This frees the reader to only focus on the personal importance (rather than the social importance) of the many issues raised in this novel. Early on it’s casually remarked in conversation between the four friends that some are black and some are white. This is quickly corrected by another friend who asserts that they each possess different gradations of skin colour and they can’t be so easily categorized. As soon as the issue of race is raised, it is dismissed because how the characters are racially defined by society does not matter to their social circle. (As the writer Chimamanda Ngozi Adichie says “Race is not biology, race is sociology”) At the same time, there are two peripheral friends who are both called Henry Young, but are different races. To distinguish them, the circle of friends jocularly refers to them as Black Henry Young and Asian Henry Young. Where this identification of race to define who the character is would come across as offensive in some novels, it is merely playful in “A Little Life” because it doesn’t affect how these friends view or relate to one another.
Similarly, sexuality is addressed in the novel only when it refers to the individual characters’ behaviour rather than how they are socially defined. Some of the characters remain ambiguous about what their sexuality is throughout their lives. When it comes up for one character it’s remarked that “he had had sex with men before, everyone he knew had.” So, no big deal. The only time it becomes an issue is when one character who has become a very successful actor stops hiding his relationship with another man. He refuses to officially “come out” or define himself as gay because such a definition is irrelevant to how he and his friends view him. The more interesting and emotionally-compelling thing about sex which Yanagihara wisely focuses on is how victims of sex abuse deal with intimacy later in life. For Jude, intimacy is agonisingly difficult. In some tragic way, it’s easier with an abusive partner than with a loving one. Again, although his life experience is extreme, I felt the way in which intimacy is discussed in the narrative when Jude enters a long-term relationship is relatable because we all to varying degrees have our own sexual insecurities and hang-ups. Sex becomes a kind of performance for Jude and many people feel they must perform a certain way during sex in accordance with their partner’s expectations and ideas of how sex should be. It’s stated that “within every relationship was something unfulfilled and disappointing, something that had to be sought elsewhere.” Love is making compromises and adjusting expectations to meet a partner’s needs, but it is also letting go of ideas of perfection or that sex should take only certain forms. I think there is something beautifully liberating about the way Yanagihara writes about sex and sexuality.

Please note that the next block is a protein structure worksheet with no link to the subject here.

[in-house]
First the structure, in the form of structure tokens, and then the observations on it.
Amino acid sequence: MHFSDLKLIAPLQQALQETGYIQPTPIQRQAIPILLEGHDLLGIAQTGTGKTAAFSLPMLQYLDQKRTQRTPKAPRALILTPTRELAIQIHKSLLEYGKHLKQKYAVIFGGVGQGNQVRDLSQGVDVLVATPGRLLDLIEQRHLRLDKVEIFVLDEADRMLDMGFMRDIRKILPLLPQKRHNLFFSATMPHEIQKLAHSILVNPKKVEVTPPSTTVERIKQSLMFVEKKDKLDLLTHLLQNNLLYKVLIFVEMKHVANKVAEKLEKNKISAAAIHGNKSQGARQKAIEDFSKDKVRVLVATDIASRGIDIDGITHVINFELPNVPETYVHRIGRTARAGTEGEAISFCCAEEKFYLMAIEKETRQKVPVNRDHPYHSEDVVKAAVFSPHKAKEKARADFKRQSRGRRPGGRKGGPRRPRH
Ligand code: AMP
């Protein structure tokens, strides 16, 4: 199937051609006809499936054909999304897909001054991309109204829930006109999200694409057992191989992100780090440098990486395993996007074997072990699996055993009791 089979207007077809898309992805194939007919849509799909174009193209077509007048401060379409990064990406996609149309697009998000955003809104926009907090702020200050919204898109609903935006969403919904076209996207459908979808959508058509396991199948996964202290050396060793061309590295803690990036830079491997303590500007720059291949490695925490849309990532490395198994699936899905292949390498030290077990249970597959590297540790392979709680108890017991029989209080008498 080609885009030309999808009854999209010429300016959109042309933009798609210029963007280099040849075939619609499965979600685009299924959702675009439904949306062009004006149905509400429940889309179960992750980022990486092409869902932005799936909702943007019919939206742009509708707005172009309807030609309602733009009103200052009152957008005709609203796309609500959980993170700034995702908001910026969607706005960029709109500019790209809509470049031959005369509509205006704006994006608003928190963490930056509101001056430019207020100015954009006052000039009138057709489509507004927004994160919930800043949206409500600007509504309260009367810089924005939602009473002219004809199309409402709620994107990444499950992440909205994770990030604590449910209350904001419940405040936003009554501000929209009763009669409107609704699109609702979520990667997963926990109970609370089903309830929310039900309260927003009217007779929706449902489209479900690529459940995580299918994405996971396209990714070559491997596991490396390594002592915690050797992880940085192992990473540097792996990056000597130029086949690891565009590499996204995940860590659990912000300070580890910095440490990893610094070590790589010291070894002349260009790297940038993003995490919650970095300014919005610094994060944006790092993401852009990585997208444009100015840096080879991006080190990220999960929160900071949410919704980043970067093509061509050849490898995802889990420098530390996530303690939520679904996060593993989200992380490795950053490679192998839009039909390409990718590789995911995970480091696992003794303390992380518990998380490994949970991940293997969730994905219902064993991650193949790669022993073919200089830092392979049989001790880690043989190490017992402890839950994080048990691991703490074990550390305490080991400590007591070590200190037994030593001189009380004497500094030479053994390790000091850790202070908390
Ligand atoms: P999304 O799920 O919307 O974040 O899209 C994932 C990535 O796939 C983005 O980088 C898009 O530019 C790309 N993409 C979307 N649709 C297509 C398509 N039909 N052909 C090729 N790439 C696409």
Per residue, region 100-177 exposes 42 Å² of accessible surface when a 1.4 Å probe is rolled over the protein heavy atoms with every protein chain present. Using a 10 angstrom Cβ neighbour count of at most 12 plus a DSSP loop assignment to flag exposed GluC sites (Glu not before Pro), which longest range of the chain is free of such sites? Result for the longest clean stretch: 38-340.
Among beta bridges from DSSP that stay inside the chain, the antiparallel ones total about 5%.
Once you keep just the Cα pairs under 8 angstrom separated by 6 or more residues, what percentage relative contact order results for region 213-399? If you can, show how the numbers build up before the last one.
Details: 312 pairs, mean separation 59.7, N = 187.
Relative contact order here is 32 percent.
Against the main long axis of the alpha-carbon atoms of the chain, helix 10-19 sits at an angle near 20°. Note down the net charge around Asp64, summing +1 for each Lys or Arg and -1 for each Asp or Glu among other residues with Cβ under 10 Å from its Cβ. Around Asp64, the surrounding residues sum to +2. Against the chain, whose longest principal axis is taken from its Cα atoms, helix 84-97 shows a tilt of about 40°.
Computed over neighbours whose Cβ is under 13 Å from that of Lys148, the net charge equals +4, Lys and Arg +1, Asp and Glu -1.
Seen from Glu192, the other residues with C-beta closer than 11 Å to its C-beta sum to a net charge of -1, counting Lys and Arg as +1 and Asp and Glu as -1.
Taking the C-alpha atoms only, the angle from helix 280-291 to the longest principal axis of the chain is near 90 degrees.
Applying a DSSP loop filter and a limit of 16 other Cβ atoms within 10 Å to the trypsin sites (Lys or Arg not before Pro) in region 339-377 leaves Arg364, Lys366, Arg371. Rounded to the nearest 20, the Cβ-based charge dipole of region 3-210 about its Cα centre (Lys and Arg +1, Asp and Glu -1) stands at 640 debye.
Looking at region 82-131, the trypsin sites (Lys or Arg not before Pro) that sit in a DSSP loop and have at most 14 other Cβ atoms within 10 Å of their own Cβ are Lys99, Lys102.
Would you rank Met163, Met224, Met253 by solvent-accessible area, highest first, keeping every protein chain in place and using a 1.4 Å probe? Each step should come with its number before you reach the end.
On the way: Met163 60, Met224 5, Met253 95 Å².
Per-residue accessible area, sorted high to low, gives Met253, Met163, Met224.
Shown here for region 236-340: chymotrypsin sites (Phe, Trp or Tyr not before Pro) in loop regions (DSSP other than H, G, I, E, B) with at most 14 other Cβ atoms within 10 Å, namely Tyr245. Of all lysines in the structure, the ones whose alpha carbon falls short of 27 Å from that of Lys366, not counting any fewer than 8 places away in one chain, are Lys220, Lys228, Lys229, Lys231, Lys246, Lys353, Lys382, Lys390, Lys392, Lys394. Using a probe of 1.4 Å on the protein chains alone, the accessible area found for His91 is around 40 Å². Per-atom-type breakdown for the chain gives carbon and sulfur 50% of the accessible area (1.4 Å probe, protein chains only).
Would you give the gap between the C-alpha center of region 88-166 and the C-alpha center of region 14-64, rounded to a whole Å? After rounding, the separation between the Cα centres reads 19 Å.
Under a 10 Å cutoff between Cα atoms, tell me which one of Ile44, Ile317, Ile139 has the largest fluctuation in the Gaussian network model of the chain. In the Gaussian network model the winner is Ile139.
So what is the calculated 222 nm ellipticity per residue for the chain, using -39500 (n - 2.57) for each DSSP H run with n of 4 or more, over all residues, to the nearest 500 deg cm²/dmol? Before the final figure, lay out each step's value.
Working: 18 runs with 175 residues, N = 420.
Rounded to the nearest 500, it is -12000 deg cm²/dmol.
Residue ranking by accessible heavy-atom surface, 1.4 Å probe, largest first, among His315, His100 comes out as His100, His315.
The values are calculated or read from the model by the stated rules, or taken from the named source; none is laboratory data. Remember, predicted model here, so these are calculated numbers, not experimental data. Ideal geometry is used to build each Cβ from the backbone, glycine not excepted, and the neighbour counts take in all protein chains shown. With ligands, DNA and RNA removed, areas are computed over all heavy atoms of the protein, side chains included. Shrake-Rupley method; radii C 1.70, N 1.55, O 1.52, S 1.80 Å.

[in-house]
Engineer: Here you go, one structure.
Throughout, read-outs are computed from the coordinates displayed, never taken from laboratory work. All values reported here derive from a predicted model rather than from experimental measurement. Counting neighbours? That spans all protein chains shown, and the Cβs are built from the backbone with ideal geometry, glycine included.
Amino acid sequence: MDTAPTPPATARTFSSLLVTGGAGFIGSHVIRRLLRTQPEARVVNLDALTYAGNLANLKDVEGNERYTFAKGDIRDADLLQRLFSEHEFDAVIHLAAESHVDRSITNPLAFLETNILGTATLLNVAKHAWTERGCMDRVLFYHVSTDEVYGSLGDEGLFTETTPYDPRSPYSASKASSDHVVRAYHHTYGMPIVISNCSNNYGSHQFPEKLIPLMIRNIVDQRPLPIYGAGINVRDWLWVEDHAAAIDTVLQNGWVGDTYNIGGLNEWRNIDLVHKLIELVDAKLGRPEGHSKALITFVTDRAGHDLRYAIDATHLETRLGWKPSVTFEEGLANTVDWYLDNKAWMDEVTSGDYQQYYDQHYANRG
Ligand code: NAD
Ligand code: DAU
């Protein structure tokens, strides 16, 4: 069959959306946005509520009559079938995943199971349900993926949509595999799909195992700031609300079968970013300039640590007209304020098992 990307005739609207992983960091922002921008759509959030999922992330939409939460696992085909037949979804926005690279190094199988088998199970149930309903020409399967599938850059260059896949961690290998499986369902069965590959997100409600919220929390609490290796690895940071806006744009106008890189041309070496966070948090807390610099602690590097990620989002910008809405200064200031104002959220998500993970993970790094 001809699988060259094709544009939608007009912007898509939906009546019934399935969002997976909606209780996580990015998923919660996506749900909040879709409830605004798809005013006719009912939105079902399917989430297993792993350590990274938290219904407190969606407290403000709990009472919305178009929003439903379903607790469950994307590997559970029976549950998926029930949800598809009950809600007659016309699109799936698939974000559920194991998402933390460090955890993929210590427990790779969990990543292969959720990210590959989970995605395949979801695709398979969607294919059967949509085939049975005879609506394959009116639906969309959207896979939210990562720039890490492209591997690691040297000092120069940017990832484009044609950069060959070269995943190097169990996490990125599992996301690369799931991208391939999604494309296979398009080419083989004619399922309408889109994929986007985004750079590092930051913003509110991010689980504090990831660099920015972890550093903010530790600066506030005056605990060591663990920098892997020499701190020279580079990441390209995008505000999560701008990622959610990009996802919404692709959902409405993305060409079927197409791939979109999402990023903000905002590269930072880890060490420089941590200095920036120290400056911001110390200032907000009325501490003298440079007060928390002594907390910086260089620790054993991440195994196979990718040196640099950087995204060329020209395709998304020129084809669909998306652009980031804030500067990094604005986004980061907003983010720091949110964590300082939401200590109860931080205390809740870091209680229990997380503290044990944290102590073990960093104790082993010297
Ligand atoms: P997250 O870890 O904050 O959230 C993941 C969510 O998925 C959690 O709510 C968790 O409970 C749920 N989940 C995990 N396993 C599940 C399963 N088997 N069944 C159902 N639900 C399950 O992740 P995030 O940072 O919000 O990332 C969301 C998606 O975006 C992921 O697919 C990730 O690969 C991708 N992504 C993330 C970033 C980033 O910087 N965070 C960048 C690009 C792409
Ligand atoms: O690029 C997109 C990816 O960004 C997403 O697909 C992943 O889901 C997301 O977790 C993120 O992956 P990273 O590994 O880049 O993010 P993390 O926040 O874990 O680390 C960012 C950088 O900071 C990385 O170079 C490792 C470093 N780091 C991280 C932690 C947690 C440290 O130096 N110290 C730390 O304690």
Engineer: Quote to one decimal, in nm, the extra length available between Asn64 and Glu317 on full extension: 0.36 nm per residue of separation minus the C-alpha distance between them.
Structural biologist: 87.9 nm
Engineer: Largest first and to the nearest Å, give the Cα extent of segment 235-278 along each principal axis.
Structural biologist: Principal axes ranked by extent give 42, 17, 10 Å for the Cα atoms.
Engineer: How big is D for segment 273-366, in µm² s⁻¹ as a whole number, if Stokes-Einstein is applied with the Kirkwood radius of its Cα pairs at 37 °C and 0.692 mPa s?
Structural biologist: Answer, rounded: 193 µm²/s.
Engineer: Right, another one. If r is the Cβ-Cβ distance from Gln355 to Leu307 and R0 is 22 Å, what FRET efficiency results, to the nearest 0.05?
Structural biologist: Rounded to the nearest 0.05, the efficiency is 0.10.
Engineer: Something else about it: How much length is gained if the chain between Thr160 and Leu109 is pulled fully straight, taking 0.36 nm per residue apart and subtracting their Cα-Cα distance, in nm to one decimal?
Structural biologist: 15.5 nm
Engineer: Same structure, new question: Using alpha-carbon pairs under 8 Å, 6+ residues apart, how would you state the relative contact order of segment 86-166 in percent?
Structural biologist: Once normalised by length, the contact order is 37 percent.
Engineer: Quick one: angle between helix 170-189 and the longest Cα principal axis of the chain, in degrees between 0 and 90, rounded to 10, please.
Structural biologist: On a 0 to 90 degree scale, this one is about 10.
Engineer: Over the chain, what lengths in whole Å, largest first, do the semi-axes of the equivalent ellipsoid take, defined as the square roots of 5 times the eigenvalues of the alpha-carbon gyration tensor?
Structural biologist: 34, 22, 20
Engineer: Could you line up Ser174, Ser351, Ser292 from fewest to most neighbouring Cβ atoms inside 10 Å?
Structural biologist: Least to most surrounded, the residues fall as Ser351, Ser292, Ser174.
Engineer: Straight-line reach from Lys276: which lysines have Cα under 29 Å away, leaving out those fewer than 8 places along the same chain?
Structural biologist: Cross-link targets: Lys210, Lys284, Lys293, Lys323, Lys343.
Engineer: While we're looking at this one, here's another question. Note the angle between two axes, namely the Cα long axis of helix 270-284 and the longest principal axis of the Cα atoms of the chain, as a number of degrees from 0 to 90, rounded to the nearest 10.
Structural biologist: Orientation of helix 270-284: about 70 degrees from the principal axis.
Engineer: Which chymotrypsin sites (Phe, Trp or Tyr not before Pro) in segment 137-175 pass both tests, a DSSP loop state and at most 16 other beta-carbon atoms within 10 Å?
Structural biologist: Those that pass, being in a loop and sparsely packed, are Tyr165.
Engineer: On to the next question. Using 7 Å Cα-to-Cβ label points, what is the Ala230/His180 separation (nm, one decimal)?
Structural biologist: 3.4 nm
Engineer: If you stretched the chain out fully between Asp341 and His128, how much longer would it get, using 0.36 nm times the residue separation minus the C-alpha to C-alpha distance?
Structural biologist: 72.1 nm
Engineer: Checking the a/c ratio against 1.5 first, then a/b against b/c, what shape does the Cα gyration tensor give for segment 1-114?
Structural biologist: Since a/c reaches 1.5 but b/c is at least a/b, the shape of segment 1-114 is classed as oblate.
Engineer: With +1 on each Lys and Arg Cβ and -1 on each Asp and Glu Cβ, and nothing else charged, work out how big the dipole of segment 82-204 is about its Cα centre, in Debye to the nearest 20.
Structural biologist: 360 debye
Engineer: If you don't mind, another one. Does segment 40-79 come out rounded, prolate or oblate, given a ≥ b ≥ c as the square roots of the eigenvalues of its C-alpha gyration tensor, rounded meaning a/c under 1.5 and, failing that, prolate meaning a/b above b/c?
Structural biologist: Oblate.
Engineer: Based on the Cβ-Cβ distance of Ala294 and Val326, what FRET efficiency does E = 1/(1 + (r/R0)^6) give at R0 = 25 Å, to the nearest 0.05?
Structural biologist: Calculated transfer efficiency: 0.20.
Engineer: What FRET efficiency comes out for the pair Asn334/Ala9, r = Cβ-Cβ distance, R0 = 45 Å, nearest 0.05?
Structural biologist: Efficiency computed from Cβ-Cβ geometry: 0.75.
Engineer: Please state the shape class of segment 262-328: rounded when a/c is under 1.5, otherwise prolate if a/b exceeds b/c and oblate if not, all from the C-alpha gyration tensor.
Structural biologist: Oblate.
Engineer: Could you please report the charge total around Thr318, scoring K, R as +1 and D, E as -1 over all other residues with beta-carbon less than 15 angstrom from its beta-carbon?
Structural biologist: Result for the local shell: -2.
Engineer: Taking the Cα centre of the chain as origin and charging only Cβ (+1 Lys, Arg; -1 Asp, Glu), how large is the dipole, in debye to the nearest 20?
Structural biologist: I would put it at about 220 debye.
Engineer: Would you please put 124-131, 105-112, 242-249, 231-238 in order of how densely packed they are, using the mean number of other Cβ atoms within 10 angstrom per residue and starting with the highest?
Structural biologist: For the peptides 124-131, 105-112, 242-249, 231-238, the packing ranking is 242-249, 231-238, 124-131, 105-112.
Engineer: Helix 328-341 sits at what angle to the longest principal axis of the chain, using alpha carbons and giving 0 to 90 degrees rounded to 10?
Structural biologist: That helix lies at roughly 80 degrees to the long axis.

Reading this book was a rare challenge because it came to me personally with so much chatter surrounding it. I can’t think of another book where so many people I know have remarked that reading it was a life-changing experience. Similarly, opinions of “A Little Life” have been so diverse where some people love it and it’s driven others to feel angry and betrayed by certain elements of the storyline. I’ve been eager to read it but haven’t been able to until now because I’ve been so busy reading the many submissions for the Green Carnation Prize, but I plunged into it ready to experience it fully for myself. It’s a mesmerizing experience. I felt devastated by certain sections, but I was also staggered by the depths of suffering to which Yanagihara takes her characters. Whereas many novels wouldn’t get away with such extremes, I felt this novel does because of the sheer length of the book. The amount of time the reader is forced to spend with these characters makes her/him experience the terrible revelations about Jude’s abusive past as if he were a personal friend. This is why “A Little Life” feels so real and why it leaves many readers emotionally transformed. It’s certainly made me think about my past and my relationships with other people differently.